Coriander (Coriandum sativum), also known as cilantro, is a hardy annual. It resembles parsley in leaf shape and formation but tastes quite different from parsley.
Coriander is used both in leaf and seed form. Cuisines that make a lot of use of coriander leaves and seeds include Mexican, Indian, Middle Eastern and Chinese cooking.
Growing coriander[edit | edit source]
Coriander is best grown from seed in the very spot you intend to keep it. It does not like being shifted once it has established itself and seedlings die easily when transplanted.
Grow in a sunny spot with rich, light and well draining soil. Coriander tends to prefer garden beds over containers; coriander can be fickle about being confined in pots.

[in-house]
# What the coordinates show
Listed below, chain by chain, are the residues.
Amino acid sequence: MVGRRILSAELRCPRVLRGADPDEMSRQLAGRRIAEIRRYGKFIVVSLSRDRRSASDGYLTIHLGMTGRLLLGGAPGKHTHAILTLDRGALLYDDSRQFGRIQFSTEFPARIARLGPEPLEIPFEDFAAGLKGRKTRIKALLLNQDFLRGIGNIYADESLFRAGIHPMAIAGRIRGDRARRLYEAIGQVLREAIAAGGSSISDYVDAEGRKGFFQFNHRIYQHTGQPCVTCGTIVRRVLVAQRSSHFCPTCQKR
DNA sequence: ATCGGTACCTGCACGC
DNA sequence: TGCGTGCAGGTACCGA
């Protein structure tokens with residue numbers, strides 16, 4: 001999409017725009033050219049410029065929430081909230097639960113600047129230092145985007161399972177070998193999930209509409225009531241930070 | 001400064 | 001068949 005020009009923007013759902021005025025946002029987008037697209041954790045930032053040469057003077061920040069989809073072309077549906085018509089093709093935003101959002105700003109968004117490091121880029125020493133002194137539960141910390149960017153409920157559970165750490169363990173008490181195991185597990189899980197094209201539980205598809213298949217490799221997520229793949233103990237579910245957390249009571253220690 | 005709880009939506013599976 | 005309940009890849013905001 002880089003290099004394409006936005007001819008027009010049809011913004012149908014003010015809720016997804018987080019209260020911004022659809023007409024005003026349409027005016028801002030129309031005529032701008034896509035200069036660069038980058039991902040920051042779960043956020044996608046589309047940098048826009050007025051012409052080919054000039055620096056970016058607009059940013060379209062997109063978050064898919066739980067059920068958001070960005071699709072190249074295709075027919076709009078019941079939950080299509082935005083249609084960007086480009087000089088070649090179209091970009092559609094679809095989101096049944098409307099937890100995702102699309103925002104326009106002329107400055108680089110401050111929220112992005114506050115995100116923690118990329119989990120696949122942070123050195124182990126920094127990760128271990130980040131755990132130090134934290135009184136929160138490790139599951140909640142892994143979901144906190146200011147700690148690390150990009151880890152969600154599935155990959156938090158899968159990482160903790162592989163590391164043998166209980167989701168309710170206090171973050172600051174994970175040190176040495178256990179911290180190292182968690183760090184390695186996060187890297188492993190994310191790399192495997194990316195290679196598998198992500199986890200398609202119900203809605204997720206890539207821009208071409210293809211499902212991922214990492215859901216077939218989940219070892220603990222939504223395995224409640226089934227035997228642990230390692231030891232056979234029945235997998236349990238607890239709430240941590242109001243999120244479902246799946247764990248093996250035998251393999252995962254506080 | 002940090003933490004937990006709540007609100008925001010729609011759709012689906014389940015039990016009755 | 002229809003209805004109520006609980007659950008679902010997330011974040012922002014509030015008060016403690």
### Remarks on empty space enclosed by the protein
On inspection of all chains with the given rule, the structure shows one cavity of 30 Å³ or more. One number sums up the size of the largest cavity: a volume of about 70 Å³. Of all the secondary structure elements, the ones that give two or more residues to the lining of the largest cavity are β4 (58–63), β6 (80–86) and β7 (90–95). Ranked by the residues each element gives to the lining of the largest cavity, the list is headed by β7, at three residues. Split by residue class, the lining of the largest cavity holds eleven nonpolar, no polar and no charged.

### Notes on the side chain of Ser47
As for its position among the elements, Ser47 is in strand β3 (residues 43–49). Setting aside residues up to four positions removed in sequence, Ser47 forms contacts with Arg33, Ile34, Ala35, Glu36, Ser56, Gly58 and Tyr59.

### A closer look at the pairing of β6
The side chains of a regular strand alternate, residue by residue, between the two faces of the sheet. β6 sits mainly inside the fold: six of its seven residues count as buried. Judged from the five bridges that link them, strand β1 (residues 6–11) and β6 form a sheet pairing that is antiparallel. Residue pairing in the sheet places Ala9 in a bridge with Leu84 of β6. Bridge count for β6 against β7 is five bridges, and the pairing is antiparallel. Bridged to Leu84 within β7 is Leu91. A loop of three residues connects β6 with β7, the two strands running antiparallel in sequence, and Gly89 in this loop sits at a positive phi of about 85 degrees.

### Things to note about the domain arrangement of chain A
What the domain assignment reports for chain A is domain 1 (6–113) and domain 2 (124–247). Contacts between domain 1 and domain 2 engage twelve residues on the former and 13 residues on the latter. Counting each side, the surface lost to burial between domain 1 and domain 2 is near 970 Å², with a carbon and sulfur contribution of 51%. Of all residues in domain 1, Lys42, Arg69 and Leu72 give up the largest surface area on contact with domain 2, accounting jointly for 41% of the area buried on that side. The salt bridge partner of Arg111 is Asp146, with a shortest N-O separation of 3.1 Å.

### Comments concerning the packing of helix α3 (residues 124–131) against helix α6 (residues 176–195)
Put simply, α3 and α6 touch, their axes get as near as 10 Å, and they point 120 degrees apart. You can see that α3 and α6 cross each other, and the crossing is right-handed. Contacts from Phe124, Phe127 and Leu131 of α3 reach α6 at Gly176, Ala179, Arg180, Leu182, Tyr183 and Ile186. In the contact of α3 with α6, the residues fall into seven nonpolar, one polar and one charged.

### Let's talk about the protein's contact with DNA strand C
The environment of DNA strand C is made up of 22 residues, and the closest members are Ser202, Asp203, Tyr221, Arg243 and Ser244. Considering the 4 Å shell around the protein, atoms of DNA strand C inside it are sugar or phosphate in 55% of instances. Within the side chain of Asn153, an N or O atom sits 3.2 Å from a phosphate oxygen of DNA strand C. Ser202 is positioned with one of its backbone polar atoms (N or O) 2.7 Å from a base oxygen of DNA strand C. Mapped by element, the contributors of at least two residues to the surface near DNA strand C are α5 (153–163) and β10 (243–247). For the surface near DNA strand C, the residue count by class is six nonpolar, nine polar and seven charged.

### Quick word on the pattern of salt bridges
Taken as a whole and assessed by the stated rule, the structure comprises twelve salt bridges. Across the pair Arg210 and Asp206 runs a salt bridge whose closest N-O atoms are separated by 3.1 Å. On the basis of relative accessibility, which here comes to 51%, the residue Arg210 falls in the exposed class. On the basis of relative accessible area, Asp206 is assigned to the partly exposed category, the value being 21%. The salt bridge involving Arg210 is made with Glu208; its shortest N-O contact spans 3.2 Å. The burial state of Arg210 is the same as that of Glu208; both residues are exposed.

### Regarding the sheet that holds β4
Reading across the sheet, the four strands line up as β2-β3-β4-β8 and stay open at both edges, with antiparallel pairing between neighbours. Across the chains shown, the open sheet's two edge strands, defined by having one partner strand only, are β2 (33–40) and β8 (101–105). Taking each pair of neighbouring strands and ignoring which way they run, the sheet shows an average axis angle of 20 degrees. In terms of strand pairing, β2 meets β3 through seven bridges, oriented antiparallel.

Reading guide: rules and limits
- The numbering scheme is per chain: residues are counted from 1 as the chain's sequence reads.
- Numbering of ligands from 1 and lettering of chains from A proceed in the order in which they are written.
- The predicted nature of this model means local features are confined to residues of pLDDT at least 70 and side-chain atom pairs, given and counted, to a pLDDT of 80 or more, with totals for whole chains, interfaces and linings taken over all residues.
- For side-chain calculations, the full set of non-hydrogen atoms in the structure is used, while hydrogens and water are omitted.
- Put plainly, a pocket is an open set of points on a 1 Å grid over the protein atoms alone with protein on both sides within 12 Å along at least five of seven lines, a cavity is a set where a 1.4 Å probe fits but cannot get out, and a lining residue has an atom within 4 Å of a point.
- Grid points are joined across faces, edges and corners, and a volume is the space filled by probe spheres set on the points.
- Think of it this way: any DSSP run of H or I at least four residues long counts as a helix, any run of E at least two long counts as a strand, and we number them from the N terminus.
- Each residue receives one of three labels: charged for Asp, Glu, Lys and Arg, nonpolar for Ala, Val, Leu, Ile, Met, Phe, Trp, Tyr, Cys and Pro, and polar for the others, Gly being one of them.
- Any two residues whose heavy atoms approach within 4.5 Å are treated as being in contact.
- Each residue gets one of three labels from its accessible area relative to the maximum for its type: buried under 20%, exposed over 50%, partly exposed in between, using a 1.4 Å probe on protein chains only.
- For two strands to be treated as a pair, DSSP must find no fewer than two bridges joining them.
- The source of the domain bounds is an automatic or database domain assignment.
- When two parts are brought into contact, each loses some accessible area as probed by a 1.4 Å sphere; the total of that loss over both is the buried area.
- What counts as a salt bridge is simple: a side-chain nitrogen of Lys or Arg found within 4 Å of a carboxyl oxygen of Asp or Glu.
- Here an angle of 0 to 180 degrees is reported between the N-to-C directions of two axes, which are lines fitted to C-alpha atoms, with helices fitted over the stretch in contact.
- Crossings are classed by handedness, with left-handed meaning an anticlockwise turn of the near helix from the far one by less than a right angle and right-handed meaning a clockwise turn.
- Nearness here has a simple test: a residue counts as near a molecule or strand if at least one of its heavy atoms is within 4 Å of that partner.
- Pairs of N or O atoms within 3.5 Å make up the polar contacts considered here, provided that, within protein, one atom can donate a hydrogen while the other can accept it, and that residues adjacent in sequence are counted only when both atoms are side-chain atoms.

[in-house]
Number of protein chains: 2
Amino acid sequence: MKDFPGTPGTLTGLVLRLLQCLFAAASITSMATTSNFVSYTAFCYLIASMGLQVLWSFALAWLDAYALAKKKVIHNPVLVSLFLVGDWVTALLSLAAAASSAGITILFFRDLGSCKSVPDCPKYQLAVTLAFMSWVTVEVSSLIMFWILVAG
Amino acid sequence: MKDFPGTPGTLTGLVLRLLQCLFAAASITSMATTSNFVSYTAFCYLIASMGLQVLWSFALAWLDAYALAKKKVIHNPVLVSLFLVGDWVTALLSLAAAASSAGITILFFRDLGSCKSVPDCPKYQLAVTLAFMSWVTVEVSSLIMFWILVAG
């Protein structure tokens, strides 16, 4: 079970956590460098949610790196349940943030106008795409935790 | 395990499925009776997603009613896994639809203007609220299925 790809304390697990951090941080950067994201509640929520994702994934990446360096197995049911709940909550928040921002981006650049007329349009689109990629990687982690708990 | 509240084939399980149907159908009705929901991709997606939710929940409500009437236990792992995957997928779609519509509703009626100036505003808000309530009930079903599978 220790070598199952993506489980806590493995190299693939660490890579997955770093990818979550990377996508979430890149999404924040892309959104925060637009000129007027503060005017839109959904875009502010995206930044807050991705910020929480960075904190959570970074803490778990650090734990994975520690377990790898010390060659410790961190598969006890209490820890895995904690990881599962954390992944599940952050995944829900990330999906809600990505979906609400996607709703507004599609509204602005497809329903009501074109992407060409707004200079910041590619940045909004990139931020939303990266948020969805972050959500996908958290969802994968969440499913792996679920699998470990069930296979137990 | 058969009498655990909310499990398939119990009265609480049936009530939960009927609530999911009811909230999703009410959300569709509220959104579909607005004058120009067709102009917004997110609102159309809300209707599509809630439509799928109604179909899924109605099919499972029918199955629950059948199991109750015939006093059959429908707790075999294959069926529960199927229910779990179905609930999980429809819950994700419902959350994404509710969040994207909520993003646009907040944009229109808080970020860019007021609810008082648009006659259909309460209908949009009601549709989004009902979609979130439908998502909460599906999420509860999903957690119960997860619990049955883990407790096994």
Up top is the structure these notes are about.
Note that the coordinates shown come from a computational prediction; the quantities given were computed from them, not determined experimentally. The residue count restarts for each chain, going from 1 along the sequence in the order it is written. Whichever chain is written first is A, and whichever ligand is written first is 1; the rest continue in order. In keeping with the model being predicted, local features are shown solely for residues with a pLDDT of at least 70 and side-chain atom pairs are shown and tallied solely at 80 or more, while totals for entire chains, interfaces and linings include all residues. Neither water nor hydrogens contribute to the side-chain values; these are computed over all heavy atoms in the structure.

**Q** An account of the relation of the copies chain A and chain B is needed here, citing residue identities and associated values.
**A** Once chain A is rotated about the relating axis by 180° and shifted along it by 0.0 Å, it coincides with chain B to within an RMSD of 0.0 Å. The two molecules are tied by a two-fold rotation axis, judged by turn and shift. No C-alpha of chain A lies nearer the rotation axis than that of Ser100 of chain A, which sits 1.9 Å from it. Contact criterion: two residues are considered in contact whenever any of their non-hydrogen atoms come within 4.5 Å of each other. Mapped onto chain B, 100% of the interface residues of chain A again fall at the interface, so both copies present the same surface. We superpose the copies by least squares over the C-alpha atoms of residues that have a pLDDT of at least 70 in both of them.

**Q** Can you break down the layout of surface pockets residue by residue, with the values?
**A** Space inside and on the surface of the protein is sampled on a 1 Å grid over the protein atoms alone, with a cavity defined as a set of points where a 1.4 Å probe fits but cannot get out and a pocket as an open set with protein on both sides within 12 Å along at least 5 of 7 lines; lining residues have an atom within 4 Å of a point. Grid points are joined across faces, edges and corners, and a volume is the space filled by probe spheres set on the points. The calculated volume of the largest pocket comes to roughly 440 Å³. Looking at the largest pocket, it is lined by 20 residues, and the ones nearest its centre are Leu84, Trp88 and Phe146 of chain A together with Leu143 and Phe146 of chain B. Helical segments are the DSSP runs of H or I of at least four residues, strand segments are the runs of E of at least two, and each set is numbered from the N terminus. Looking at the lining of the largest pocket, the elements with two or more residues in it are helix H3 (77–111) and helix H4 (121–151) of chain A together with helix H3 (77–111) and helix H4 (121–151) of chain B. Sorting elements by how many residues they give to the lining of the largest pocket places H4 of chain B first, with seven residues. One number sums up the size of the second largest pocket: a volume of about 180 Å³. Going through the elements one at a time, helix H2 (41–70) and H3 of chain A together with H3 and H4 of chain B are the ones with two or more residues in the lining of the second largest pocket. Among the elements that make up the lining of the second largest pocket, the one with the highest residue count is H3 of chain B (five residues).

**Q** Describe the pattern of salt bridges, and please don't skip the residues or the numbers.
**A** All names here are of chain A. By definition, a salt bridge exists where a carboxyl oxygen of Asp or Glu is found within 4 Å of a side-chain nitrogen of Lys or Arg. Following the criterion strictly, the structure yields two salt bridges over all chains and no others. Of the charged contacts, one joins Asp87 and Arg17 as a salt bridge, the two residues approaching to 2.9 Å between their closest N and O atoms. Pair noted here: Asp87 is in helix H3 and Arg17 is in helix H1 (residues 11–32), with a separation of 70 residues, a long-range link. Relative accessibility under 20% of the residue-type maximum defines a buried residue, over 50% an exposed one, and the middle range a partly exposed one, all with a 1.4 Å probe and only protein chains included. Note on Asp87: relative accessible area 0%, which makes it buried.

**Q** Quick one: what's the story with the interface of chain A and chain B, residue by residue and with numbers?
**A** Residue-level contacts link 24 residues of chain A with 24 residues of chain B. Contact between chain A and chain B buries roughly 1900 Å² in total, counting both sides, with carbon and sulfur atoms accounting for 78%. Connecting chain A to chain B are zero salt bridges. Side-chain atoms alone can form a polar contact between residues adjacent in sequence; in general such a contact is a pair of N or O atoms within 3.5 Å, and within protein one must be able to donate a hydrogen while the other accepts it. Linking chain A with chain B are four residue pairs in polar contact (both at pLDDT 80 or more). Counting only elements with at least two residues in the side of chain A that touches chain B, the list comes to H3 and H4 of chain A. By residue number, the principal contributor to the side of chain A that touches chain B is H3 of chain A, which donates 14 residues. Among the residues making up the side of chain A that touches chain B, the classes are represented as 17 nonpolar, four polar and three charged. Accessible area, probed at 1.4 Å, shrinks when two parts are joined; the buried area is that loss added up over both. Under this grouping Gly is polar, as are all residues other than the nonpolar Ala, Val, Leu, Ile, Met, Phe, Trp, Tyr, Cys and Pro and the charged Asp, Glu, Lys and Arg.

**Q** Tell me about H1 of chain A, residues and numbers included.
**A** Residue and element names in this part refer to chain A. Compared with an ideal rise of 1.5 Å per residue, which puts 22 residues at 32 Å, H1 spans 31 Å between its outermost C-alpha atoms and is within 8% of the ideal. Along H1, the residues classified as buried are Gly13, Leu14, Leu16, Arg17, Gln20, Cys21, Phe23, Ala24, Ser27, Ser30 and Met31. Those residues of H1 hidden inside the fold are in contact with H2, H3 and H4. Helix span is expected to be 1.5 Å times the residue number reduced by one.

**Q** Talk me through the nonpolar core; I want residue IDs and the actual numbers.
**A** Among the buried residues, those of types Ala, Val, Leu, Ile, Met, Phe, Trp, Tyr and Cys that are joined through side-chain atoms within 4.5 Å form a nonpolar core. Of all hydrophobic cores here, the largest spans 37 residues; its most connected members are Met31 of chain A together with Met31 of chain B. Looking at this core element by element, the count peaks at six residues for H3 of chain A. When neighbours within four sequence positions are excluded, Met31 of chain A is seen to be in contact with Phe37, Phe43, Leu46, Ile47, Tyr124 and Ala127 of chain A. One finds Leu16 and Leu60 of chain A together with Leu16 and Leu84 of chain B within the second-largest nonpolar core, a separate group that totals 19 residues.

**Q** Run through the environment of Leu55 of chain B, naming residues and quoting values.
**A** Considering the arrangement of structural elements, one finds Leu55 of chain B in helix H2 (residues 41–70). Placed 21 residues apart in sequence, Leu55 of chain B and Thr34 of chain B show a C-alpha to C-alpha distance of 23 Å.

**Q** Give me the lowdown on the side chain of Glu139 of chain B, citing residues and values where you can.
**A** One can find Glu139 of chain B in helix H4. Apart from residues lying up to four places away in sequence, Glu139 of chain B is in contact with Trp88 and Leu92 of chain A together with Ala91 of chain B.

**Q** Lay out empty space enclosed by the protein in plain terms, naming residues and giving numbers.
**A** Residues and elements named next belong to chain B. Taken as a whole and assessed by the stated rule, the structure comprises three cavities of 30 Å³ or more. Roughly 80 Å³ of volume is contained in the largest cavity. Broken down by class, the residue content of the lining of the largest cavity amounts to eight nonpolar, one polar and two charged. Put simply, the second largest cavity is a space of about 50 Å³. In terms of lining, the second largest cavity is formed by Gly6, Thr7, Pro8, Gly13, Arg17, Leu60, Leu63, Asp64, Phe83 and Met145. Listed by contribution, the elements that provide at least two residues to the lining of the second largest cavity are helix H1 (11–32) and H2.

Harvesting coriander[edit | edit source]
It is possible to harvest the fresh leaves from a large healthy plant various times. Rinse and dry before using.
Once harvested, coriander leaves are best used quickly, for they don't last long. Keep the cut coriander stems cool until ready for use. The leaves can be frozen; chop and place in resealable bags, then add to the freezer.
The seeds can be harvested and dried for later use, either to replant or to use as coriander spice (whole or ground). The leaves cannot be dried, they wither up and lose their flavor.
Uses for coriander[edit | edit source]
Coriander goes well with a wide variety of ingredients, including fish, coconut, citrus, vegetables, avocado, etc.